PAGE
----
Tbh, I've only experienced applying for a small part time job and uni, I guess for full-time, more structured 9-5 jobs, its gonna be different. But I don't think embellishing your cv or personal statement by a little white lie (so long as it within reason) is really a bad thing.
    It does depend on the company though, I was talking about competitive financial firms as an example, they are very thorough with checks. Other employers probably won't care if you put the wrong month on your cv for instance.
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    (Original post by Tokyoround)
    Actually, certain employers check every section on your cv, incorrect dates can get your offer withdrawn.
    I used to play for a football team but I wasn't captain. So I know the name of the football club. So should I say I was captain of ... Football team or I was captain of a football team? So not giving out a name. I don't even know if the football team still exists because I have moved around 100 miles away from it.

    So please can you give your advice, I'll will only be applying for part time jobs with my cv.
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    (Original post by non)
    I used to play for a football team but I wasn't captain. So I know the name of the football club. So should I say I was captain of ... Football team or I was captain of a football team? So not giving out a name. I don't even know if the football team still exists because I have moved around 100 miles away from it.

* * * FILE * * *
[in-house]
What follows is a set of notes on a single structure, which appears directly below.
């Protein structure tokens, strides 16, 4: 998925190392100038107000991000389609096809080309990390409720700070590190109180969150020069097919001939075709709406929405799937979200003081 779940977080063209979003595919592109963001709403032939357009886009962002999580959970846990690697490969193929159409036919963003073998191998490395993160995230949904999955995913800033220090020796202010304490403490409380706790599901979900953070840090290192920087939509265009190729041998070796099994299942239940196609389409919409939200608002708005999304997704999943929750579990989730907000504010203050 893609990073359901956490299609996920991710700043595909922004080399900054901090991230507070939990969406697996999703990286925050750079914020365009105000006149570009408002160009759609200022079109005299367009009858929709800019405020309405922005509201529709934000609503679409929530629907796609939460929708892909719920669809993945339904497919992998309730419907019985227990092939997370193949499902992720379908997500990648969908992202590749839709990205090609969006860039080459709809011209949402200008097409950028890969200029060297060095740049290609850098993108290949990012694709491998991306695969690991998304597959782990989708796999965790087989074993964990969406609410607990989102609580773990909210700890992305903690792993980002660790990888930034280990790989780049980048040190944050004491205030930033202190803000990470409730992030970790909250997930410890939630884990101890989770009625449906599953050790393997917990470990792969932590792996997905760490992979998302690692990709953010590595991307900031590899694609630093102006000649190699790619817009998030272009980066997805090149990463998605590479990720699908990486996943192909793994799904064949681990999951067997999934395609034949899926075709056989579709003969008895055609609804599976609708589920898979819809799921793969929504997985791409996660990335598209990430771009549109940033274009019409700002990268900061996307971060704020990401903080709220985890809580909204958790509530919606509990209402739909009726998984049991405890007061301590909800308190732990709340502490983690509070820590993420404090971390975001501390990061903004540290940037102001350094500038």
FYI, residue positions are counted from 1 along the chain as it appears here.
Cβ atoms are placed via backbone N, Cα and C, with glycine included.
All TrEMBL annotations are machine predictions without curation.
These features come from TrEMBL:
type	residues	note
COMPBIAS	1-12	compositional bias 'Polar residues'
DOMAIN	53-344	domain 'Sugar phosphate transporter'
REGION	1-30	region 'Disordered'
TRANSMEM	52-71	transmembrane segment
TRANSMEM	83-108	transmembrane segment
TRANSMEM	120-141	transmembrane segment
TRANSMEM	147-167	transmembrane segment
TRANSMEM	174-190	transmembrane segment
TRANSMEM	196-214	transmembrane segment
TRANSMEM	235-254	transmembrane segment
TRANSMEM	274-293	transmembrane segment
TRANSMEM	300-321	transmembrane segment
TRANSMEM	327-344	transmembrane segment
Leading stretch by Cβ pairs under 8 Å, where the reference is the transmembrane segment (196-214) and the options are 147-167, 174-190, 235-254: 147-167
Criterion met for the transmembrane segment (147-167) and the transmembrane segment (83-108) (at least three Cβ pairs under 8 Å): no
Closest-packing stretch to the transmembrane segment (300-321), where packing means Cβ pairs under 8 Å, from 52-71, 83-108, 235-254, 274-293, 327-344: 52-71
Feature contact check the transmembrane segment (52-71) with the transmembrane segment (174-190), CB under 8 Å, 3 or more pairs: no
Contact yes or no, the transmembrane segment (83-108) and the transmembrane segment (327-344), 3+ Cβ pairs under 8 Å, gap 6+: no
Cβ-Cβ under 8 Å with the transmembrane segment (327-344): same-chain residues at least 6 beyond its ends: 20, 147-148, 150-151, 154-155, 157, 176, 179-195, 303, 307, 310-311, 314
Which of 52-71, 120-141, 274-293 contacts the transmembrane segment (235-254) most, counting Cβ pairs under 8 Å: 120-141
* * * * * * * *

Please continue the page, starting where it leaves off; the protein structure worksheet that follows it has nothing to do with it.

So please can you give your advice, I'll will only be applying for part time jobs with my cv.
    Should be ok tbh. Usually employers don't care too much about part-time staff so i'd imagine you'll be fine with that. If it was so long ago though i'm not really sure if you'll benefit from it much.
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    (Original post by Tokyoround)
    Should be ok tbh. Usually employers don't care too much about part-time staff so i'd imagine you'll be fine with that. If it was so long ago though i'm not really sure if you'll benefit from it much.
    thanks but should i name the football club or not? because the club still exists.
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    It's fine it it's very minor, I think. In interviews I sometimes talk about being a member of a hockey team and the communication skills I've learnt from that. What I'm actually referring to is chatting to my friends while half-heartedly doing PE at school

    I think captain's going a bit far.